At North Stack, turn left, climbing the access track and guided by the Anglesey Coastal Footpath sign. The track climbs quite steeply, then levels out.after a further one hundred and fifty yards or so, continue on the coast path by taking a right turn off the access track (SH 217837). You will see a marker post on the near horizon, confirming this is the correct route.

Just before some rocky crags to the left, the path splits. Turn right (SH 218832).

As you start to approach the radio masts on the promontory, the path splits. Take the right hand fork.

Coast view to South Stack lighthouse

Holyhead Mountain and view to South Stack

Coast view to North Stack

As you come to a square aerial array, the path splits again. Once again, keep right.

Join the access track to the square array and turn left along it for a few yards before branching off to the right.

Continue along to the headland for a view down to South Stack lighthouse.

South Stack Lighthouse

There is a dilapidated look-out station, described by notices as dangerous. To continue the route, with your back to this, turn right along the broad track, a few yards inland.

Join another broader track, a few yards from a small square building. Turn left and on reaching another track, go left again heading towards Holyhead Mountain.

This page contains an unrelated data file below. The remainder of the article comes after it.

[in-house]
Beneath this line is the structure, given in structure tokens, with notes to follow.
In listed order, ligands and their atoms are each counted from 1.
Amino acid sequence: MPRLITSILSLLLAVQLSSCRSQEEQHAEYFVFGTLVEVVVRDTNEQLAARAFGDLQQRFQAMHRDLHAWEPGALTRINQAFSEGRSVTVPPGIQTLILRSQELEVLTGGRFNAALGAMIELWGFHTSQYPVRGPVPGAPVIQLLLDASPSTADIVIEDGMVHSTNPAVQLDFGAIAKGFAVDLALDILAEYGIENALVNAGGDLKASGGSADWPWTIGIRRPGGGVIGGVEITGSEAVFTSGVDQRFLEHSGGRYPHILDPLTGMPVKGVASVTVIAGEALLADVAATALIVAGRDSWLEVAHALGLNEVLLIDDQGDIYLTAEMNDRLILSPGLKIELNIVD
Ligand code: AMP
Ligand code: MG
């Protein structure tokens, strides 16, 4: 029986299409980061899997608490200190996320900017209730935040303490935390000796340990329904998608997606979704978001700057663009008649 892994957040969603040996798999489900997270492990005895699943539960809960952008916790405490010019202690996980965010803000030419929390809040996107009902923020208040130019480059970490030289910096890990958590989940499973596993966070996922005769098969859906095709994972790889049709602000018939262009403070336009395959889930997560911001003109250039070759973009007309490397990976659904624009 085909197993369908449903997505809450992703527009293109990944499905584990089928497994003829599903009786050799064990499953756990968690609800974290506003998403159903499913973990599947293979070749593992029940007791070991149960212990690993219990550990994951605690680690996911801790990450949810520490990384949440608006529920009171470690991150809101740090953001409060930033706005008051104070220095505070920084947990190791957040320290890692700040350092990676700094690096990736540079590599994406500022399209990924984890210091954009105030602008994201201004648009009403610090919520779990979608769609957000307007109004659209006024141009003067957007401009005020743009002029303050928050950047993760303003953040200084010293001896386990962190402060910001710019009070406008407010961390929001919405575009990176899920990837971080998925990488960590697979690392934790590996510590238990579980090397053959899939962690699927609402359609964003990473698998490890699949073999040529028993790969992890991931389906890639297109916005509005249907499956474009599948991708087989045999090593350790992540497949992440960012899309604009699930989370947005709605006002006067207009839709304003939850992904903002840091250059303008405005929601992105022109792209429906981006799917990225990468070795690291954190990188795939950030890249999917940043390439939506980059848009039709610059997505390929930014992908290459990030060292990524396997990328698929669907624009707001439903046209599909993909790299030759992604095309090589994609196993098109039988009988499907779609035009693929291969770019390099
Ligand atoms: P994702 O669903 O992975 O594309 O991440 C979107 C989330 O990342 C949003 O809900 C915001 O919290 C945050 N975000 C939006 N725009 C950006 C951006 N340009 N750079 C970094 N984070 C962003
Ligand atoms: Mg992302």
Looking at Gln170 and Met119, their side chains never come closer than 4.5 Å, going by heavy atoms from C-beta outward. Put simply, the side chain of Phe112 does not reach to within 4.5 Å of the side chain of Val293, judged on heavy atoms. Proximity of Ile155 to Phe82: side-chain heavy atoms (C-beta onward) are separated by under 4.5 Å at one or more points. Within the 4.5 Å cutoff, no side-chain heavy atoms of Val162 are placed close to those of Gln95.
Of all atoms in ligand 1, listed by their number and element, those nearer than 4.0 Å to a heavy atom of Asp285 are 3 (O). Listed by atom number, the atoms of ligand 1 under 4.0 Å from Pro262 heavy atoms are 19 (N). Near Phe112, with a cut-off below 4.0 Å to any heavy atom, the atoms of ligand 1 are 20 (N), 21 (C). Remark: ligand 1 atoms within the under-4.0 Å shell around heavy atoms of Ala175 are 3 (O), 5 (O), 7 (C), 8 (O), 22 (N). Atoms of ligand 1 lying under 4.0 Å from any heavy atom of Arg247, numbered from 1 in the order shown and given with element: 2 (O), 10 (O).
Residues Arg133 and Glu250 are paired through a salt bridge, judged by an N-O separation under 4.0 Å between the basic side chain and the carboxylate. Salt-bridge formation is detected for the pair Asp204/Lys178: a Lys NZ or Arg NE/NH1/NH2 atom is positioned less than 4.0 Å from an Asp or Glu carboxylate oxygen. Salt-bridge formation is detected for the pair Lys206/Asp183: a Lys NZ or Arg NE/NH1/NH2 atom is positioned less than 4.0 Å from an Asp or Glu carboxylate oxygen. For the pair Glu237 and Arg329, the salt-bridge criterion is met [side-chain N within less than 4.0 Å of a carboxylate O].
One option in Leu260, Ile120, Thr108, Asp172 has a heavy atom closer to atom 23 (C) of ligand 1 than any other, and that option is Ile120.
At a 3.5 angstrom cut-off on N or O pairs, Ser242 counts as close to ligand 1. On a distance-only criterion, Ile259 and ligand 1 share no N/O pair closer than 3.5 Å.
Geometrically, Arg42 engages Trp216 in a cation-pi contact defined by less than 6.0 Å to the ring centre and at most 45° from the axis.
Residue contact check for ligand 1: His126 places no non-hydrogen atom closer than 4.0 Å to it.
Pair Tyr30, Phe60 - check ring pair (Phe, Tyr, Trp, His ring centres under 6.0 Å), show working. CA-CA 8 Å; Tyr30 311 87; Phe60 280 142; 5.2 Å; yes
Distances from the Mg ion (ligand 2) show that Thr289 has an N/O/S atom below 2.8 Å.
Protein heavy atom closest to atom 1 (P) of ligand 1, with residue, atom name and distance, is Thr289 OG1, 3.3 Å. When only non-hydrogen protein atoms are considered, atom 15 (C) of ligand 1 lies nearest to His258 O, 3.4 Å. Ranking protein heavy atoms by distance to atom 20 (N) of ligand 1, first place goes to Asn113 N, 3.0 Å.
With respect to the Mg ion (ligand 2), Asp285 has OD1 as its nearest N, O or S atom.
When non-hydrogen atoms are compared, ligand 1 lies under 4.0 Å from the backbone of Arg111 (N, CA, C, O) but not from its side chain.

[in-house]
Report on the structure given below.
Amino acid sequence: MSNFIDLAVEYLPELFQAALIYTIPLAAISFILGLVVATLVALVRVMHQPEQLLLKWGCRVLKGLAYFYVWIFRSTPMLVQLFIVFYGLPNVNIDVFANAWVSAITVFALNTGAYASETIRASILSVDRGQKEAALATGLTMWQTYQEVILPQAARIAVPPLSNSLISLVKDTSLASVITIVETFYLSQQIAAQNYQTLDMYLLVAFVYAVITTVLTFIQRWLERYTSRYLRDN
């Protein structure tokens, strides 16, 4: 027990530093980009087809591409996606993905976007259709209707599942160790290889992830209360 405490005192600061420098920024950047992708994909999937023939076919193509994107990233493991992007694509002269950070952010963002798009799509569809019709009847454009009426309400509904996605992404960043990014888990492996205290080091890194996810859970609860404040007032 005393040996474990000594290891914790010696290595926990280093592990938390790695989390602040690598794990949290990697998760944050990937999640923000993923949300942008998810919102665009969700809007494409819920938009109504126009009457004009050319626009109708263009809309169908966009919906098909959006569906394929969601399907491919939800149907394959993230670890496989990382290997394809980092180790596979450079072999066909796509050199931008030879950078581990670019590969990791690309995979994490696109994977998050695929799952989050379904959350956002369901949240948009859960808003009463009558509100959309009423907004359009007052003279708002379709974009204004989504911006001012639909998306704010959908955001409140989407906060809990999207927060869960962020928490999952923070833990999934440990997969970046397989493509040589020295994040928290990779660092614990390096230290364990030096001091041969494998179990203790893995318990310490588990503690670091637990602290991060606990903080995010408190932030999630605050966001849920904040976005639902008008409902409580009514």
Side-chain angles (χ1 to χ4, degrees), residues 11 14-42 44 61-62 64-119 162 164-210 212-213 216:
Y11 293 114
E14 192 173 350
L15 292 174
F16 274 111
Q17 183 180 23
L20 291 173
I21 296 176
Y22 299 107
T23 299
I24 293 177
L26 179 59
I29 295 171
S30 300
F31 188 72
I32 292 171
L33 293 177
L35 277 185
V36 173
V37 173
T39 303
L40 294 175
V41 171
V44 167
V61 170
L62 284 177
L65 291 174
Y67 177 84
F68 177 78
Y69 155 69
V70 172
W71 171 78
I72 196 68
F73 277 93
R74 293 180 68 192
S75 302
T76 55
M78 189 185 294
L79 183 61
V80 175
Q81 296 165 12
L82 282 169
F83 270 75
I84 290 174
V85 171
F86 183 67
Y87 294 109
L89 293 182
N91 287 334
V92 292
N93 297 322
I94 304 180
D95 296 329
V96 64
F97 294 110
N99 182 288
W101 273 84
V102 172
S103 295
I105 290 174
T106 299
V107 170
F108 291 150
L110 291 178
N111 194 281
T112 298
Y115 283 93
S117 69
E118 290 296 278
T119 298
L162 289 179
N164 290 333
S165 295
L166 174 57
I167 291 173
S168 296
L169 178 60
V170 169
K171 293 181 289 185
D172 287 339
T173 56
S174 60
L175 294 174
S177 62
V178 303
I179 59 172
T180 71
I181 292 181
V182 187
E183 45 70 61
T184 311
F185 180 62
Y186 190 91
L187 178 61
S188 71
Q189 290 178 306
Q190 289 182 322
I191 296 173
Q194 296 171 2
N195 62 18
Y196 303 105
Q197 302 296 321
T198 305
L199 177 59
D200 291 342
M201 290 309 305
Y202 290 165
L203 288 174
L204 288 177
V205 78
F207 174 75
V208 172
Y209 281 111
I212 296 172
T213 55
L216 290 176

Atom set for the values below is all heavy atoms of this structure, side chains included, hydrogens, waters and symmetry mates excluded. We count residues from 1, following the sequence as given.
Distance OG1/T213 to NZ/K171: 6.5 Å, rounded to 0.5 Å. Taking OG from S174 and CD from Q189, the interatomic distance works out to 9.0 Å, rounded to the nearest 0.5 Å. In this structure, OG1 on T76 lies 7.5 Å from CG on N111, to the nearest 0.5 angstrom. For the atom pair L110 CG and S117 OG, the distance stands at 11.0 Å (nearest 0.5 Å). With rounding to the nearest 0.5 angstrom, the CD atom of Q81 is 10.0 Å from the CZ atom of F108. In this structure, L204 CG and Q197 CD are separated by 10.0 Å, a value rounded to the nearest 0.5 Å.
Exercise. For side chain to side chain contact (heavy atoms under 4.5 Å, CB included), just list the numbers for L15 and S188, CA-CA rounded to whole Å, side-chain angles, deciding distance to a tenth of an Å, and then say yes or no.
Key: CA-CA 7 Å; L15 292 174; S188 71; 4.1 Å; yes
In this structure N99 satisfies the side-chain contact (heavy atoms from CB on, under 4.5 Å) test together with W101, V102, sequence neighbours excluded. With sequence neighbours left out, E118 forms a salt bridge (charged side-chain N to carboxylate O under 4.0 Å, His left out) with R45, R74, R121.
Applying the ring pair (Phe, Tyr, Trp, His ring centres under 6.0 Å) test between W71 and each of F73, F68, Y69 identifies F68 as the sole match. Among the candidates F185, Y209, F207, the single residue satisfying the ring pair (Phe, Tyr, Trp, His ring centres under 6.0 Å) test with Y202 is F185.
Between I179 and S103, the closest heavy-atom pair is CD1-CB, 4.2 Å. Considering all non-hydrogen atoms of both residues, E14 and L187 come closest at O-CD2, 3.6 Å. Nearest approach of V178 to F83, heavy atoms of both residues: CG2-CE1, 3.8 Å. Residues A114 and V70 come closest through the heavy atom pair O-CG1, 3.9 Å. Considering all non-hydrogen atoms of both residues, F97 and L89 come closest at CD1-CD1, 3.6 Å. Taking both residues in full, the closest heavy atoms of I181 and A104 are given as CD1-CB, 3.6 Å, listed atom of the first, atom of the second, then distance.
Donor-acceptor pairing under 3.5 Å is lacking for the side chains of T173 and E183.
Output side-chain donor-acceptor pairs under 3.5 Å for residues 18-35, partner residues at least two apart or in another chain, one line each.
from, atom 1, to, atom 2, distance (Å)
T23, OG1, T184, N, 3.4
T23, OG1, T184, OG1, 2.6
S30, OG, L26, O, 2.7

Approaching Holyhead Mountain

Pass to the right of a small lake. This had dried up on my visit, due to the recent drought  but its normal location was obvious. Soon, pass to the right of a second lake.

Join another path and turn right to join a very broad, tarmac track and turn left. When this divides (the better track going left), take the right hand leg (SH 211824).

Come to a junction, which you should recognise from the outward journey. Follow the red arrow and the Coast Path sign on the post towards Holyhead Mountain.

At another junction (SH 213826), there is a post with a red arrow and coastal sign. Take the path to the right of this. There is a good chance of seeing rock climbers in action on this section.